One of the reasons that people with diabetes often suffer more damage as a result of a stroke has been revealed by a new study.
According to research published in Nature Medicine found that bleeding was increased when blood sugar levels were high.
Scientists from Joslin Diabetes Center injected a small amount of blood into the brains of rats with diabetes and those without and found that those with the condition experienced bleeding over a larger area of the brain.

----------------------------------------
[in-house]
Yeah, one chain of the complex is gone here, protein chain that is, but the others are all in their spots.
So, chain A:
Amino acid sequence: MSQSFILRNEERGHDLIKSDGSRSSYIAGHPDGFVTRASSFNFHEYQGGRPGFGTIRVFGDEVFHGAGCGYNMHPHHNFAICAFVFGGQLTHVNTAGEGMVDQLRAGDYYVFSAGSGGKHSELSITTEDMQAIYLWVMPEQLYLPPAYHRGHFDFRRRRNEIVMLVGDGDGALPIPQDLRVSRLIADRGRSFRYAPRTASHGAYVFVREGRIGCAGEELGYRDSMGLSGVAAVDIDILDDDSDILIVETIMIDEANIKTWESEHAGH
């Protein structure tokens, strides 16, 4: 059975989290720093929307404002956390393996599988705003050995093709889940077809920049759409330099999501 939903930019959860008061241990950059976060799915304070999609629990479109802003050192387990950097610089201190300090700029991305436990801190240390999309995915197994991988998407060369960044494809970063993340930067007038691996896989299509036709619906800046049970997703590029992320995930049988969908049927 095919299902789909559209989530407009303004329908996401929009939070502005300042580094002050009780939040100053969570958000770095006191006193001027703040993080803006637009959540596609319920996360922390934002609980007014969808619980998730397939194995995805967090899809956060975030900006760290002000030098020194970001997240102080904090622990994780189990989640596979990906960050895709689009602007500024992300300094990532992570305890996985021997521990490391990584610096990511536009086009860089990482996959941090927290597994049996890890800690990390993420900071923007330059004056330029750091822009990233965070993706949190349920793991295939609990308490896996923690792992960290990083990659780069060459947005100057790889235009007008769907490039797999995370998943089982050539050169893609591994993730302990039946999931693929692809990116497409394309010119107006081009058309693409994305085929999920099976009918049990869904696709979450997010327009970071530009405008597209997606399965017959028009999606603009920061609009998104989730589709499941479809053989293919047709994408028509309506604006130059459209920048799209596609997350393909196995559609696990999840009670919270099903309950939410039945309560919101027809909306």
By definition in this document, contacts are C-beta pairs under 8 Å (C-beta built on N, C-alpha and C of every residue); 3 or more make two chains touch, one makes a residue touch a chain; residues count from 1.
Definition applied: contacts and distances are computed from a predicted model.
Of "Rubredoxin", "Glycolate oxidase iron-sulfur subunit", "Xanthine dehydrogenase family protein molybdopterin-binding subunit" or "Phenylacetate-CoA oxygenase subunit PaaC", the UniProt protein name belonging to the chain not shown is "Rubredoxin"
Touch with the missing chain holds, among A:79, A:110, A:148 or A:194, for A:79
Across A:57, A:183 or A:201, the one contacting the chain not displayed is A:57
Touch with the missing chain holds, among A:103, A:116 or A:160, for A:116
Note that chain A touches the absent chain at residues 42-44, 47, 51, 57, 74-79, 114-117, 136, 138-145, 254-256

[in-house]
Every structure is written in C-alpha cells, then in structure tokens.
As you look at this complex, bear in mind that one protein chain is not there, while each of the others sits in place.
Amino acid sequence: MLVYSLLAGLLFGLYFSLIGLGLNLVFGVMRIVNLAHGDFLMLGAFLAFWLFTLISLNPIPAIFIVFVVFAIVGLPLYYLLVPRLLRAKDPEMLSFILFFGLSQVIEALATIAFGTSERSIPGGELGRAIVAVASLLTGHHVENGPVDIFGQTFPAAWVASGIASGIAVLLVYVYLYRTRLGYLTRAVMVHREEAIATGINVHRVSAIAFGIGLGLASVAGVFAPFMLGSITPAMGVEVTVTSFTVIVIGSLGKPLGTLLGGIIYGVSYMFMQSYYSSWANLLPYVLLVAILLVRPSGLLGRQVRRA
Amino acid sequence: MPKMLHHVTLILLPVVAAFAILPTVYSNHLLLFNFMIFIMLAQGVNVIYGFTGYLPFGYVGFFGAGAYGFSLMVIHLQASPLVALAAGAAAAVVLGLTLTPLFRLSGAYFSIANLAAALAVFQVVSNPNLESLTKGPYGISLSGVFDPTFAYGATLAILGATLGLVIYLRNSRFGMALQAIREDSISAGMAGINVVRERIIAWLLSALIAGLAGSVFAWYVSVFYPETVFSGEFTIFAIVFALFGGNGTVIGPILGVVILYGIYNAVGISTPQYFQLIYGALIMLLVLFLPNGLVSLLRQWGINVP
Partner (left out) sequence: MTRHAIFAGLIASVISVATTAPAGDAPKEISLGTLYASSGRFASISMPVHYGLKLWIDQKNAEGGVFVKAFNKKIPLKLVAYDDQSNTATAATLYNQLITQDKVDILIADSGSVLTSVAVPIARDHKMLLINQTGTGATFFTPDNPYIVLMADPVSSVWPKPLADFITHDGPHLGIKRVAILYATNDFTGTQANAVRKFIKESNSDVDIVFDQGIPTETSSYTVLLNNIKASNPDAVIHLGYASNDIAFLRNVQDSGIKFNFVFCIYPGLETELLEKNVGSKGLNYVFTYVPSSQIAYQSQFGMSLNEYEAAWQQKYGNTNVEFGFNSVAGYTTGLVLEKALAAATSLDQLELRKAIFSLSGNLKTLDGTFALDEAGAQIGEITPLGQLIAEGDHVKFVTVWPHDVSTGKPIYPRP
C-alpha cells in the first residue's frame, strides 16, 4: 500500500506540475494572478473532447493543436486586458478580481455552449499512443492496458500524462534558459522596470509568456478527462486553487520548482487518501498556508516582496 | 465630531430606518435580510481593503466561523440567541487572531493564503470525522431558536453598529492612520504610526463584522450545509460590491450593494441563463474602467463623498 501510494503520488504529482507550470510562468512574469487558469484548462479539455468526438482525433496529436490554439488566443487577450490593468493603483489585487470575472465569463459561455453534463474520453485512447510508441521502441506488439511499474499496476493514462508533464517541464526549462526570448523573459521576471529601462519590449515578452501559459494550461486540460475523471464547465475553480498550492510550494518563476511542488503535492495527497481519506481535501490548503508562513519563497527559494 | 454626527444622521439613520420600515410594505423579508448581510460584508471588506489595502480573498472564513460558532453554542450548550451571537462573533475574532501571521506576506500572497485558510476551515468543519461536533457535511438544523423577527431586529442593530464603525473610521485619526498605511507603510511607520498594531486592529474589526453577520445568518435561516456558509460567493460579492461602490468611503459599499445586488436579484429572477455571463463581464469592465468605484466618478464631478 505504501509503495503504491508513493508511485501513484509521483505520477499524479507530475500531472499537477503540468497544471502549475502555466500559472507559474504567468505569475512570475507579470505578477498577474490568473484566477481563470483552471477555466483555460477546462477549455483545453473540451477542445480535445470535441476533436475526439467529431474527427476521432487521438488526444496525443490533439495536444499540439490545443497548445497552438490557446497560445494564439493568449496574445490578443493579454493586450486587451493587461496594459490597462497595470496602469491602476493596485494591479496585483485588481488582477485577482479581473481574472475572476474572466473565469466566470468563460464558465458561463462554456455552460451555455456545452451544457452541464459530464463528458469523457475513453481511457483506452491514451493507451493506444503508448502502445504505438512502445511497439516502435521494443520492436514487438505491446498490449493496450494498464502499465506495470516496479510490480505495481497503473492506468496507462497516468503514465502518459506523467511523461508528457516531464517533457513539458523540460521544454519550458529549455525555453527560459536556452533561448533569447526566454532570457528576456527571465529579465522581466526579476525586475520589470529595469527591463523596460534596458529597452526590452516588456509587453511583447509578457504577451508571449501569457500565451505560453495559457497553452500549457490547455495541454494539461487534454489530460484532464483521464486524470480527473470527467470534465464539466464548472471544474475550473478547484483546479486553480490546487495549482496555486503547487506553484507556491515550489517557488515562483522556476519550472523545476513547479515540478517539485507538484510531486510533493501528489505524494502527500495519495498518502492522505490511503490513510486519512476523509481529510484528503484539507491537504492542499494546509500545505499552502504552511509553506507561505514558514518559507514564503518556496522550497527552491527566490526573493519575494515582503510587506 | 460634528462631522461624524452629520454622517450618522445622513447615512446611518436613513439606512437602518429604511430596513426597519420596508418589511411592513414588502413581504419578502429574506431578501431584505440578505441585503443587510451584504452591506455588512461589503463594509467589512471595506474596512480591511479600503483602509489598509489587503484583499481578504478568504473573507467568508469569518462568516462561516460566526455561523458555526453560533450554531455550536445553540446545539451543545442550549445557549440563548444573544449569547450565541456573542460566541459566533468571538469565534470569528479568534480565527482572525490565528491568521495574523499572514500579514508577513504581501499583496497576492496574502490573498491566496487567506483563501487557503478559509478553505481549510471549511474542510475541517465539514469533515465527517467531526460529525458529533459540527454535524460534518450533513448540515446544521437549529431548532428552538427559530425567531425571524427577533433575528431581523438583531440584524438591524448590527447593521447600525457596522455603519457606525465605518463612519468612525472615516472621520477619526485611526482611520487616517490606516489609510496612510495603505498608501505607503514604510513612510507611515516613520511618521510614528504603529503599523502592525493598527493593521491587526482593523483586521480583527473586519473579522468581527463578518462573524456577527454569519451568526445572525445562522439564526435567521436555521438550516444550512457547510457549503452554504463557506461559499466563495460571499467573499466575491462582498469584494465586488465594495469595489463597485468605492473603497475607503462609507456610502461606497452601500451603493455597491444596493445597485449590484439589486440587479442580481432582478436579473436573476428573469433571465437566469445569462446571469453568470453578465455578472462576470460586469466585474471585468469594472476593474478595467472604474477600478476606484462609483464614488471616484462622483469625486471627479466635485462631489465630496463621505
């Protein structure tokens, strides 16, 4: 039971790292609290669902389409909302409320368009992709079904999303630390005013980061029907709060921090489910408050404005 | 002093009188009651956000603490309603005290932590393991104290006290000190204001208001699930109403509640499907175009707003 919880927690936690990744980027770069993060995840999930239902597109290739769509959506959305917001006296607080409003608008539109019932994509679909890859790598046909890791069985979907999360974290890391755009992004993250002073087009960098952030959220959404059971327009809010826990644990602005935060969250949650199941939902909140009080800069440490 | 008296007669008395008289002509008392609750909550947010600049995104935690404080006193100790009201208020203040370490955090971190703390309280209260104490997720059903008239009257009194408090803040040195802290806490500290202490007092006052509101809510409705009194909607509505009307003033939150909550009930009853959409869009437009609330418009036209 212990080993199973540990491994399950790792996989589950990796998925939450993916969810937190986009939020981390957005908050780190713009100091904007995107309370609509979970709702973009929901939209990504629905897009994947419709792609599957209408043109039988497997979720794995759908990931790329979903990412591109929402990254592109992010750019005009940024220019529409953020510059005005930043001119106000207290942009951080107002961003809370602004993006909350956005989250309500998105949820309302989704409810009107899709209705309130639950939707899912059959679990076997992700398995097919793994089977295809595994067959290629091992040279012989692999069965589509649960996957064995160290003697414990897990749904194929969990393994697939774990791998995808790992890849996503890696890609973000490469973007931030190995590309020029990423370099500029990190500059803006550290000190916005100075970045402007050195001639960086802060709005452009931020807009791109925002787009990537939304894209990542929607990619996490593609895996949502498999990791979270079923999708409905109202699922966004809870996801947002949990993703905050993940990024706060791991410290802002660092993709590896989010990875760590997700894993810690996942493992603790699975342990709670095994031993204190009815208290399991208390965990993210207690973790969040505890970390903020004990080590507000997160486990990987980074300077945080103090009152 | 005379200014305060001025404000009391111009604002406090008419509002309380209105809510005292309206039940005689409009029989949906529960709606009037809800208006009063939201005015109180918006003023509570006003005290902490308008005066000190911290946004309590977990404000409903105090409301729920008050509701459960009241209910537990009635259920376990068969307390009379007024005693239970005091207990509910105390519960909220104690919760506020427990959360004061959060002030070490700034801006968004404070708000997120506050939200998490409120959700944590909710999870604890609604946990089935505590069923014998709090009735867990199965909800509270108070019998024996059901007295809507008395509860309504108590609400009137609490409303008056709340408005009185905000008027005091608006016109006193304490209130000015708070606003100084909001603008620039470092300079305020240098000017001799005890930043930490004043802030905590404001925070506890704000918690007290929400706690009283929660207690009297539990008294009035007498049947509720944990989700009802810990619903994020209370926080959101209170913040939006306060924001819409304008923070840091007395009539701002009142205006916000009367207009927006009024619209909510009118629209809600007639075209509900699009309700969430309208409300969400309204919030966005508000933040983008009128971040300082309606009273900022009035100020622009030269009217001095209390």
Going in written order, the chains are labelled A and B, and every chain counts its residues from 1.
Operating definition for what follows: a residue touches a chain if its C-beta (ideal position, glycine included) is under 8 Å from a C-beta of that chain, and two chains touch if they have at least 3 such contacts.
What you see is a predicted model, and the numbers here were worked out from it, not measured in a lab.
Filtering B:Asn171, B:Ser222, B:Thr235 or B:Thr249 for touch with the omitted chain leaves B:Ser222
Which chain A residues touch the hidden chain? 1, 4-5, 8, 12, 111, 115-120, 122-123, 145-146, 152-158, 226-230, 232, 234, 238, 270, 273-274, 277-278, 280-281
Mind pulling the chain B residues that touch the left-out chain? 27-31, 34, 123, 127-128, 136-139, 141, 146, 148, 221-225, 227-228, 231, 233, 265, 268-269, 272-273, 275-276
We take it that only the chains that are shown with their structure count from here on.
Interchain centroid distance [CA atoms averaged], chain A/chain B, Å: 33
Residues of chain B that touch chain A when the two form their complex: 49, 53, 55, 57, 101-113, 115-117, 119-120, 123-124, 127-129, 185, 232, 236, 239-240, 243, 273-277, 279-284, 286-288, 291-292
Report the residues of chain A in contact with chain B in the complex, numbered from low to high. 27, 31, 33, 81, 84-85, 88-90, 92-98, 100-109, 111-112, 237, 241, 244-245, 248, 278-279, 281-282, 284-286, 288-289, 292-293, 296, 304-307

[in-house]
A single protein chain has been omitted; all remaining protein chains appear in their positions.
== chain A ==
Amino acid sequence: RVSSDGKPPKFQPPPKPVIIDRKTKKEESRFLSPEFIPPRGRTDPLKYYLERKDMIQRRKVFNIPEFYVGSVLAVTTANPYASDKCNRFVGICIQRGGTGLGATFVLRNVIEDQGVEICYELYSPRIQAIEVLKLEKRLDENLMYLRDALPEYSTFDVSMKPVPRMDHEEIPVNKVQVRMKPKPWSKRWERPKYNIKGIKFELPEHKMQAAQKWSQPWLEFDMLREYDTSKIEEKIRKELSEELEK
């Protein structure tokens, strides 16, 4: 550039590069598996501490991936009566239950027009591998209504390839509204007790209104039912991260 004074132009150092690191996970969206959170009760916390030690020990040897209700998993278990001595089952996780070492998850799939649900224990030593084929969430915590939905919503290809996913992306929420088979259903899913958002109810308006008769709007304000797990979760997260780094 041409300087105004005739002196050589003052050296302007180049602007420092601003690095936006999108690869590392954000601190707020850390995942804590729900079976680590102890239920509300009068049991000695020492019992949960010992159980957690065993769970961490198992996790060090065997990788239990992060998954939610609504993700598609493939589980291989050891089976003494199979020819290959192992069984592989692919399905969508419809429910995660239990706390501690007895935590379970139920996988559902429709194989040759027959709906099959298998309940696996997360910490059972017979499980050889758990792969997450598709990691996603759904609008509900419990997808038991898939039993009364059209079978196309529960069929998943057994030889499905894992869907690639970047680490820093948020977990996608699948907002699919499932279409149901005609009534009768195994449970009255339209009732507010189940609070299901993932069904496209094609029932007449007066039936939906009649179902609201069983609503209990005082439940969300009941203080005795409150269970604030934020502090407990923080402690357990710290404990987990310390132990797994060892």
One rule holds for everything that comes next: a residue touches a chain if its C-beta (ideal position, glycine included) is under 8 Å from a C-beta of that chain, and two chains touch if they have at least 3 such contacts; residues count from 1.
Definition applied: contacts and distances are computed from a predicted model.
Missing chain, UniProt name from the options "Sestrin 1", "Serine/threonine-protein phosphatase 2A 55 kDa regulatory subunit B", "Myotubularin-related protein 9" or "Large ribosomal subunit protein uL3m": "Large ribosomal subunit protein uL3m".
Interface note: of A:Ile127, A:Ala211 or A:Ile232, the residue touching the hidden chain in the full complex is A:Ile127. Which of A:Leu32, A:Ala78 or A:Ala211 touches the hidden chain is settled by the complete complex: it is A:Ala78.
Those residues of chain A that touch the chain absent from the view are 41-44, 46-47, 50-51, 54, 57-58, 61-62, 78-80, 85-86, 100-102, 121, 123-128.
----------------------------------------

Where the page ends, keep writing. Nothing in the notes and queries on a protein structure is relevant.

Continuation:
Dr Edward Feener, who led the study, said the work could have broad implications for treatment of hemorrhagic stroke.
"Given the prevalence of strokes and the damage they inflict, these findings are exciting because they suggest the possibility that rapid control of blood sugar levels may provide an opportunity to reduce intracerebral hemorrhage, which is a clinical situation that has very limited treatment options."
Meanwhile, scientists from the University of Edinburgh have found that chances of a good recovery following a stroke could be greatly increased by lowering the body temperature to 'hibernate' the brain.